Giroux: 'We're getting better every game, that's a fact'
The Canucks scored a crucial goal in their win Tuesday on a play that had Henrik Sedin positioned behind the net. (USA Today Images)
Practice makes perfect.
In theory, anyway.
The Flyers spent more than 10 minutes on Wednesday at Skate Zone practicing how to defend against the man-behind-net and open man in the slot situation.
That’s how Chris Higgins scored a crucial tying goal in Tuesday’s 3-2 loss to Vancouver on a play with Henrik Sedin behind the net.
There have been numerous such “open men” in the slot so far – the Leafs’ Dave Bolland burned the Flyers earlier on such a goal.
“We got scored on there [vs. Vancouver] and got scored on against Toronto just like that in the first game of the season,” said defensive coach John Paddock.
Coverage breakdowns in front has alarmed goalie coach Jeff Reese because it happened too often in the first three games.
“Jeff Reese said that there are more goals being scored like that,” Paddock said. “So, we talked about it first and we will talk about it again [Thursday] because there are gray areas. In some cases, there are individual players where you want to do something different on than others. It’s trying to rectify a little bit of an issue.”
The Higgins’ goal essentially cost the Flyers the game because they then went on the defensive, waiting for the worst to happen. Sure enough, Ryan Kesler scored the second of his two goals later to win the game.
“We’ve put ourselves in position to win games,” coach Craig Berube said. “Going into the third period I find it’s a little bit of letdown and we end up losing them. We got to go and get the job done.”
Players admit it seems like last season where the team felt a sense of doom when the third period arrives.
“We better get unused to it,” Berube said. “Or else it’s going to keep happening. It’s a mental block. You gotta go out and play and be confident. Trust your system and players around you.”
The trust factor applies to the Higgins’ goal as players talk to each other. That apparently didn’t happen correctly.
The last thing the Flyers want is another repeat on Thursday night with Pittsburgh’s Sidney Crosby or Evgeni Malkin playing in those roles.
When Sedin moved to the post on goalie Steve Mason, defenseman Nick Grossmann challenged. Sedin then slipped the puck into the slot for Higgins’ uncontested shot even though Claude Giroux and Braydon Coburn were there.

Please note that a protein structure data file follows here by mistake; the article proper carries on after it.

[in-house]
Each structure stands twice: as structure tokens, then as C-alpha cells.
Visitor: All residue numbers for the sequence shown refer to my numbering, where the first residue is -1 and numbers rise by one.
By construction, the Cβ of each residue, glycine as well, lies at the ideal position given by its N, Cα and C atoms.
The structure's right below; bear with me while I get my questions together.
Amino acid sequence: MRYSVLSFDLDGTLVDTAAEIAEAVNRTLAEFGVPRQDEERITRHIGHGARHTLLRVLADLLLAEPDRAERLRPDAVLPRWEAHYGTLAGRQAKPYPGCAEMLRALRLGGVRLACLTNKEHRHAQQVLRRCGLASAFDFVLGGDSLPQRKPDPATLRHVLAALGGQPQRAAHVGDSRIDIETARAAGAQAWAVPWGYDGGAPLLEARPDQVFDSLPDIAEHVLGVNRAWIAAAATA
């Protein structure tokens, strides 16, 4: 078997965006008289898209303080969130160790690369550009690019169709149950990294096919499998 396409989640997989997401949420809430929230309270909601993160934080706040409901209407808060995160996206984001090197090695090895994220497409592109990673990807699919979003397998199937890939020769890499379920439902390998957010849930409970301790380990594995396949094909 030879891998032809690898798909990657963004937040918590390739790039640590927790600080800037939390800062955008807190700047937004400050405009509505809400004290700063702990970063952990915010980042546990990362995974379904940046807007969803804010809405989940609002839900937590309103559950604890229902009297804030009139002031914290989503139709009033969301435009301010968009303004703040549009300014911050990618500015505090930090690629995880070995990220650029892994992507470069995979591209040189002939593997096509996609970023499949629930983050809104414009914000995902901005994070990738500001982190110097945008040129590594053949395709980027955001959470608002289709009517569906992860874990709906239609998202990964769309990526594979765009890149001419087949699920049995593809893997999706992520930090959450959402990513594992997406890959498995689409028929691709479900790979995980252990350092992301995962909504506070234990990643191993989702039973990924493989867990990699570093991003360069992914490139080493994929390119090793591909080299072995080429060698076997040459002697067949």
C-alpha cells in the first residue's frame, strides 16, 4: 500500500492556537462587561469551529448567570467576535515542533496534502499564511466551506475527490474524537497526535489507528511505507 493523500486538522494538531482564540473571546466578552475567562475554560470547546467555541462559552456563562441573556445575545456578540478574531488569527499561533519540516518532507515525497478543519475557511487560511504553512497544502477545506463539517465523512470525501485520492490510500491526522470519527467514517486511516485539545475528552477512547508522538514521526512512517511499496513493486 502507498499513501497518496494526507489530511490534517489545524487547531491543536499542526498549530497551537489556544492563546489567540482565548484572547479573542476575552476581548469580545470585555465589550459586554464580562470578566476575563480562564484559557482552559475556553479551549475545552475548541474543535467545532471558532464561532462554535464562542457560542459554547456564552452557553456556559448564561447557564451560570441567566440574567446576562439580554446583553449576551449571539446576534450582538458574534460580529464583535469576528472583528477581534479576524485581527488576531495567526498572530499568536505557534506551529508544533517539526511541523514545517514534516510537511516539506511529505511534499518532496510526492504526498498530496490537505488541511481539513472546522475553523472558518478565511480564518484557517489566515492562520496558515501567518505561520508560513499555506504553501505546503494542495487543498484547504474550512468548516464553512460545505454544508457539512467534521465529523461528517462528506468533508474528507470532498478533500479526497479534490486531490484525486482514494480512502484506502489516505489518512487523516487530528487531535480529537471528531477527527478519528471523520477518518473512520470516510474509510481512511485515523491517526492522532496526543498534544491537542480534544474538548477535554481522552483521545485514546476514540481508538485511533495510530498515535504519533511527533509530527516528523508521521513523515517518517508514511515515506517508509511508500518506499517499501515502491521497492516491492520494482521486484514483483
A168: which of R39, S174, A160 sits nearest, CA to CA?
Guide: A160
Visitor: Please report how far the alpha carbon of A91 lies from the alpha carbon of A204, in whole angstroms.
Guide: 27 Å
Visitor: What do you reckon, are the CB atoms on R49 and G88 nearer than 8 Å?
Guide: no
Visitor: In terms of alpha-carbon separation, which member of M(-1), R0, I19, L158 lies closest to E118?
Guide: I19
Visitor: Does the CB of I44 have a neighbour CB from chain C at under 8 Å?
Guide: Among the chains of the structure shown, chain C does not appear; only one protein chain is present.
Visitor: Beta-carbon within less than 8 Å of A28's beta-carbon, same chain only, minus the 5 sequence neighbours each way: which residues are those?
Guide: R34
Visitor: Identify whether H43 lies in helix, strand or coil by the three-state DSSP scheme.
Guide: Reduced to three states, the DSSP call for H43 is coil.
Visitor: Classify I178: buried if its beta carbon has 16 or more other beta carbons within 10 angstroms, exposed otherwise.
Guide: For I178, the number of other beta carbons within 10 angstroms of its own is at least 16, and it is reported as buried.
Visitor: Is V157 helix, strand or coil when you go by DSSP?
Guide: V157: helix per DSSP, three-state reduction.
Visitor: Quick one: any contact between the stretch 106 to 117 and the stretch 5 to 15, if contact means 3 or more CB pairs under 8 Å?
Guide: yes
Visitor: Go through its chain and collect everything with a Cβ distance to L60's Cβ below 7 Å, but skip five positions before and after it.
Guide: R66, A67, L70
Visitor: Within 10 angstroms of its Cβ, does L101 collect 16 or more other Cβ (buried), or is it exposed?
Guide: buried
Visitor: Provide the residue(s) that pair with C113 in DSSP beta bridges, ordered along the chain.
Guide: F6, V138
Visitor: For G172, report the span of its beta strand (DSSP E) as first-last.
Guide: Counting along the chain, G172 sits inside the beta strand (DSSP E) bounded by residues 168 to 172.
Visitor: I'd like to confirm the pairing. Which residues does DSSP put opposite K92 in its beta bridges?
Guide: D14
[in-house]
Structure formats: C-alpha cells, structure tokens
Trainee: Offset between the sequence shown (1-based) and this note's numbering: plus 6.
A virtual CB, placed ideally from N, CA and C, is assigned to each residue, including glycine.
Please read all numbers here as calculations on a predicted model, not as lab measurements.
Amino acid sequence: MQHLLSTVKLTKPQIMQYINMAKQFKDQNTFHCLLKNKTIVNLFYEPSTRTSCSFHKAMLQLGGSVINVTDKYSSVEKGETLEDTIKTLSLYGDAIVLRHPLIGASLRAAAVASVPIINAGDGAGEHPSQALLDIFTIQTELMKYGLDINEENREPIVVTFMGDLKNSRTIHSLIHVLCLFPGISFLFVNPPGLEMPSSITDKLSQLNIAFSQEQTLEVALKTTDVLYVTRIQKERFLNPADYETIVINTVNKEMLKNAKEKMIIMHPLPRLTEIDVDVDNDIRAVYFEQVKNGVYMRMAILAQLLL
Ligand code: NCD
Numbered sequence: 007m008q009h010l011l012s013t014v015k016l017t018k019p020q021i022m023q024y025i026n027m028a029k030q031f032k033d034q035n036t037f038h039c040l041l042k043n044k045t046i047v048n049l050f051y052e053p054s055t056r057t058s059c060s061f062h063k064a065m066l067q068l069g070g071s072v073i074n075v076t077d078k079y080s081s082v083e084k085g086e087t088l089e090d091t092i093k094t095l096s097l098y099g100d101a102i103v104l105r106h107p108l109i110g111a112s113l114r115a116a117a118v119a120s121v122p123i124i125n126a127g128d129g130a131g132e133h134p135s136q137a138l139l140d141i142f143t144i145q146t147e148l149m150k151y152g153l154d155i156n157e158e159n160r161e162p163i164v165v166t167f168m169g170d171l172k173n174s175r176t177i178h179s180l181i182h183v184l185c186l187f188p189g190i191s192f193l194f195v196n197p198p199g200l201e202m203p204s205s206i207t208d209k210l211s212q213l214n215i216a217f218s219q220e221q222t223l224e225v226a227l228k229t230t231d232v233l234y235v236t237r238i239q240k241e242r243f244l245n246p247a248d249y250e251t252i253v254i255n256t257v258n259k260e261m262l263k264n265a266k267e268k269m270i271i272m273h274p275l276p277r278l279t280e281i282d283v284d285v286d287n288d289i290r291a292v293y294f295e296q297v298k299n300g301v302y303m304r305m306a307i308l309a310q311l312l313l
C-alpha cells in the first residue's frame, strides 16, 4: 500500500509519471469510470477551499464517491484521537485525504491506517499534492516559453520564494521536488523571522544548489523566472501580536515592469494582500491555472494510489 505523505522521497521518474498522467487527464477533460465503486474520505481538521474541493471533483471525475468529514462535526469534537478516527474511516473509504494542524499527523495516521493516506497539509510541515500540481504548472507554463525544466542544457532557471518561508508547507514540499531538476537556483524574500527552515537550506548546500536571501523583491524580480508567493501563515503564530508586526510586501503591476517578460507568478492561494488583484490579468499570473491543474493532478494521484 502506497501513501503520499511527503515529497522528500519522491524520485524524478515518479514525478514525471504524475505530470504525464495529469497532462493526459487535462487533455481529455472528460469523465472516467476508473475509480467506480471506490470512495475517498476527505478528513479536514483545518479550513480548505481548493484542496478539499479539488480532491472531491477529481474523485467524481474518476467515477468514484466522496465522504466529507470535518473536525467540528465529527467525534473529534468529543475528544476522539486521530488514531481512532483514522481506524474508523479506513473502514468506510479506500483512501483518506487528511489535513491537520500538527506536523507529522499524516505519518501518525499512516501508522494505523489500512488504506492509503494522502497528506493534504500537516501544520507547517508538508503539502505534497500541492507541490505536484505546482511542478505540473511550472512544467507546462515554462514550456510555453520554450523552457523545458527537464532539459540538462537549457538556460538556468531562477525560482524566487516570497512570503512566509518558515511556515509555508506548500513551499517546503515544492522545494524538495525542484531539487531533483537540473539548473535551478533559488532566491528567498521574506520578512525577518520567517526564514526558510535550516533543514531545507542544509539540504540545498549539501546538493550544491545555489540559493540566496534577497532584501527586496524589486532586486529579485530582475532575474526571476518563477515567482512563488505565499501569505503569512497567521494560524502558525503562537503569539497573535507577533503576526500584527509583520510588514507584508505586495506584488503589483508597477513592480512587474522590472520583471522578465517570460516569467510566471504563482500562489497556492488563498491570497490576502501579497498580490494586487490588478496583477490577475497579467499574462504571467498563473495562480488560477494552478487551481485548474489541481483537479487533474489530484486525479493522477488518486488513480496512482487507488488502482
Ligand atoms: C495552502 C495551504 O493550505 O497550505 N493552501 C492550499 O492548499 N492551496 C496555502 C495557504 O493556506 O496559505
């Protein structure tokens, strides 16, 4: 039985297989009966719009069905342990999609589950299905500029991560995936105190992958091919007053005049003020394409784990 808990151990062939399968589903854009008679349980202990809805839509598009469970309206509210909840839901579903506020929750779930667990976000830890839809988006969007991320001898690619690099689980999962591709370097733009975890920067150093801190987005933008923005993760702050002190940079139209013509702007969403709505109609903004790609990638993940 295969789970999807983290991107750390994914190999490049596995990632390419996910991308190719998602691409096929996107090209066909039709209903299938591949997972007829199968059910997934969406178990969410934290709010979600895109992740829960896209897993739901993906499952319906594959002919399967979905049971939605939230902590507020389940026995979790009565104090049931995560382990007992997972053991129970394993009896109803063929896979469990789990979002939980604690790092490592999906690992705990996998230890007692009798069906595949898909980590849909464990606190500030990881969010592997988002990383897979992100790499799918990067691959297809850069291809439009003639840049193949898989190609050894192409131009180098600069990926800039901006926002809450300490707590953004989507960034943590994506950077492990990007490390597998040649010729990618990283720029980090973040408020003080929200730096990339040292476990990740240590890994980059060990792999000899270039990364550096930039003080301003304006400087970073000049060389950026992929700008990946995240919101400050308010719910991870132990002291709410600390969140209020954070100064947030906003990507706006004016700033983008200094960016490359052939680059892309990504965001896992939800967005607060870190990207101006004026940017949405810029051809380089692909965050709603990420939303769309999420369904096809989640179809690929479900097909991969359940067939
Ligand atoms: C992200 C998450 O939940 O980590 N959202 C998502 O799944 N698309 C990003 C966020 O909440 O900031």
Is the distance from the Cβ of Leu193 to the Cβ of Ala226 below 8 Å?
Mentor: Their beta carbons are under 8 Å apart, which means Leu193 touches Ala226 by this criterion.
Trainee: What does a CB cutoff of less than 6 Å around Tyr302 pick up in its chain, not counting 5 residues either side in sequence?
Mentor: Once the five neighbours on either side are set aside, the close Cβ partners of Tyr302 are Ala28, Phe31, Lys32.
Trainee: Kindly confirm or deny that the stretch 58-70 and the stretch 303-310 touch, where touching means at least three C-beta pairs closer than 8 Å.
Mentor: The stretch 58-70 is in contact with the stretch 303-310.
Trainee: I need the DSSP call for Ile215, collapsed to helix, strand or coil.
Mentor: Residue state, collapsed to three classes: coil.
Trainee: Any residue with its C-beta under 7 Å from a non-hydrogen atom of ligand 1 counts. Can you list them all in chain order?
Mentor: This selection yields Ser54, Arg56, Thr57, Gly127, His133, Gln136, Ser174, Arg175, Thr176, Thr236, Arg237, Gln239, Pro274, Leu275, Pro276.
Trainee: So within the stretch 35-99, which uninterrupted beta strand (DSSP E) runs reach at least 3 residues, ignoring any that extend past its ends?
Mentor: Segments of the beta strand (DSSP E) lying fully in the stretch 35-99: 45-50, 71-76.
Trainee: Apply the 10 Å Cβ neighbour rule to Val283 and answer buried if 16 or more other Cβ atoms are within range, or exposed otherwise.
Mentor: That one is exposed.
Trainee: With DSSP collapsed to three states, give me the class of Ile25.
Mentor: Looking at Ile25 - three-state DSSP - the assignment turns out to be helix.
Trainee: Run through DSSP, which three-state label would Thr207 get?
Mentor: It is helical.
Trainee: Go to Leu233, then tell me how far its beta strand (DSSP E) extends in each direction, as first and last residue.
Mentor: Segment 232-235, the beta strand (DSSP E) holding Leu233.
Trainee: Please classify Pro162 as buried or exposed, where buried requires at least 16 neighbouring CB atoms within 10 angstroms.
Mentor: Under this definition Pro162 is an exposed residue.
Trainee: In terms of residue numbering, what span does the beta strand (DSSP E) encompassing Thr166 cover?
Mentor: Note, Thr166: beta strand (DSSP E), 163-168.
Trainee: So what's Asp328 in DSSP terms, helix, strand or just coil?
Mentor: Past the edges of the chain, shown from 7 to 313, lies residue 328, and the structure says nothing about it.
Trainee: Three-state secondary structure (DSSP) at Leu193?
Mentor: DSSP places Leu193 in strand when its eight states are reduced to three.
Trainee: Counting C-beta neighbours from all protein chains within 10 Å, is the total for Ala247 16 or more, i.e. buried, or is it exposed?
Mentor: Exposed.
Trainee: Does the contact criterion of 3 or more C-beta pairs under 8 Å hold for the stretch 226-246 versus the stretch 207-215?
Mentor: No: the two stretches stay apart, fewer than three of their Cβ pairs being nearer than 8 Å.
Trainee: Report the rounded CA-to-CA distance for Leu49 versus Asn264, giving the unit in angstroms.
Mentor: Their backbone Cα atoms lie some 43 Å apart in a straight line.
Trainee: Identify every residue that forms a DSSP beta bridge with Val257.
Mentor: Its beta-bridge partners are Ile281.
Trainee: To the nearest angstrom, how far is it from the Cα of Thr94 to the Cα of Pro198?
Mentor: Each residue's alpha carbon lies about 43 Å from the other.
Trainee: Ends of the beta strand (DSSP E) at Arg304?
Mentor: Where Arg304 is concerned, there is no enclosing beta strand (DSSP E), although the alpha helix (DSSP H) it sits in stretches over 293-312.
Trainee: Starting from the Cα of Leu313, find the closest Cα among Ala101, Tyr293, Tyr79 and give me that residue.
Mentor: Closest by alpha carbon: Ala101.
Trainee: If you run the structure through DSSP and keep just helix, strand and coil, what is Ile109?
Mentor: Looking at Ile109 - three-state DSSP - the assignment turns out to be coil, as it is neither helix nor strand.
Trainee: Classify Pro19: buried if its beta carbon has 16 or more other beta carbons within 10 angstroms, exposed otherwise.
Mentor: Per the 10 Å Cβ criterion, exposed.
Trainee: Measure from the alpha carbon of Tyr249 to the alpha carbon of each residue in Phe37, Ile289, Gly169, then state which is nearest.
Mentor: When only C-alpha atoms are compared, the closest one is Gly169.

The coaching staff felt Grossmann committed early.
“Yeah, block the pass, but there is a timing issue,” Paddock said. “What Chief meant is Grossy was completely facing Sedin and not aware of the guy [Higgins] behind him. In that situation, until everyone is in place, you have to play it as a 2-on-1 [Vancouver].
“Sedin can’t score from back there. The other guy [Higgins] is the dangerous guy. Really, it’s 2 on 2 because you have your goalie. There is a time to be aggressive and go. I talked to Grossy. He said he went two seconds too early.”
Grossmann said today’s drill was to reinforce what everyone’s assignment is.
“You see a shift with a guy and you try to contain him and not run at him,” he said. “I tried to get my stick in there and make a good play. They scored on it. It shouldn’t happen. Something we have to work on.”
A lot of blame here seems to be going toward Grossmann. What about Giroux and Coburn sliding over to Higgins’ side since they were in the crease?
“Somebody had to slide and [Higgins] is right underneath the forward,” Paddock said. “It’s a five-man thing. Everybody has to react at the same time. ‘G’ flushed him one way, but everyone has to come to that side of the ice. It’s timing and a mistake.”
Coburn said there has to be good communication among the skaters in the slot.
“It’s kind of up to the forward’s discretion of what they wanted to do,” Coburn said. “It was the D-man’s responsibility to sort things out.
“It’s an instance where you want to protect the important part of the scoring area [slot] and not chasing behind the net. We needed to wait until we got the low forward back to help. Make sure guys are covered in front.”
Shame of it is, Grossmann and Coburn played so well against the Sedin Twins, that Canucks coach John Tortorella split them apart, forcing the Flyers to try to go with two shutdown units instead of one.
“It’s a shame, but I guess it worked for [Vancouver],” Paddock said.
Grossmann suffered a late injury in the game but returned to the ice. He said he suffered a “stinger,” but feels fine. … Giroux had a maintenance day off the ice. He took a two-handed slash on his surgically-repaired right hand in the Detroit game. … Jakub Voracek said that Tye McGinn, whose play was inspirational in two games, gives him energy on the first line. Berube doesn’t want to hear that, especially given Voracek is averaging barely one shot a game on the top line when he should be averaging three shots a night. “I don’t know why he is relying on Tye to give him energy,” Berube said. “Hopefully, that is not the case.”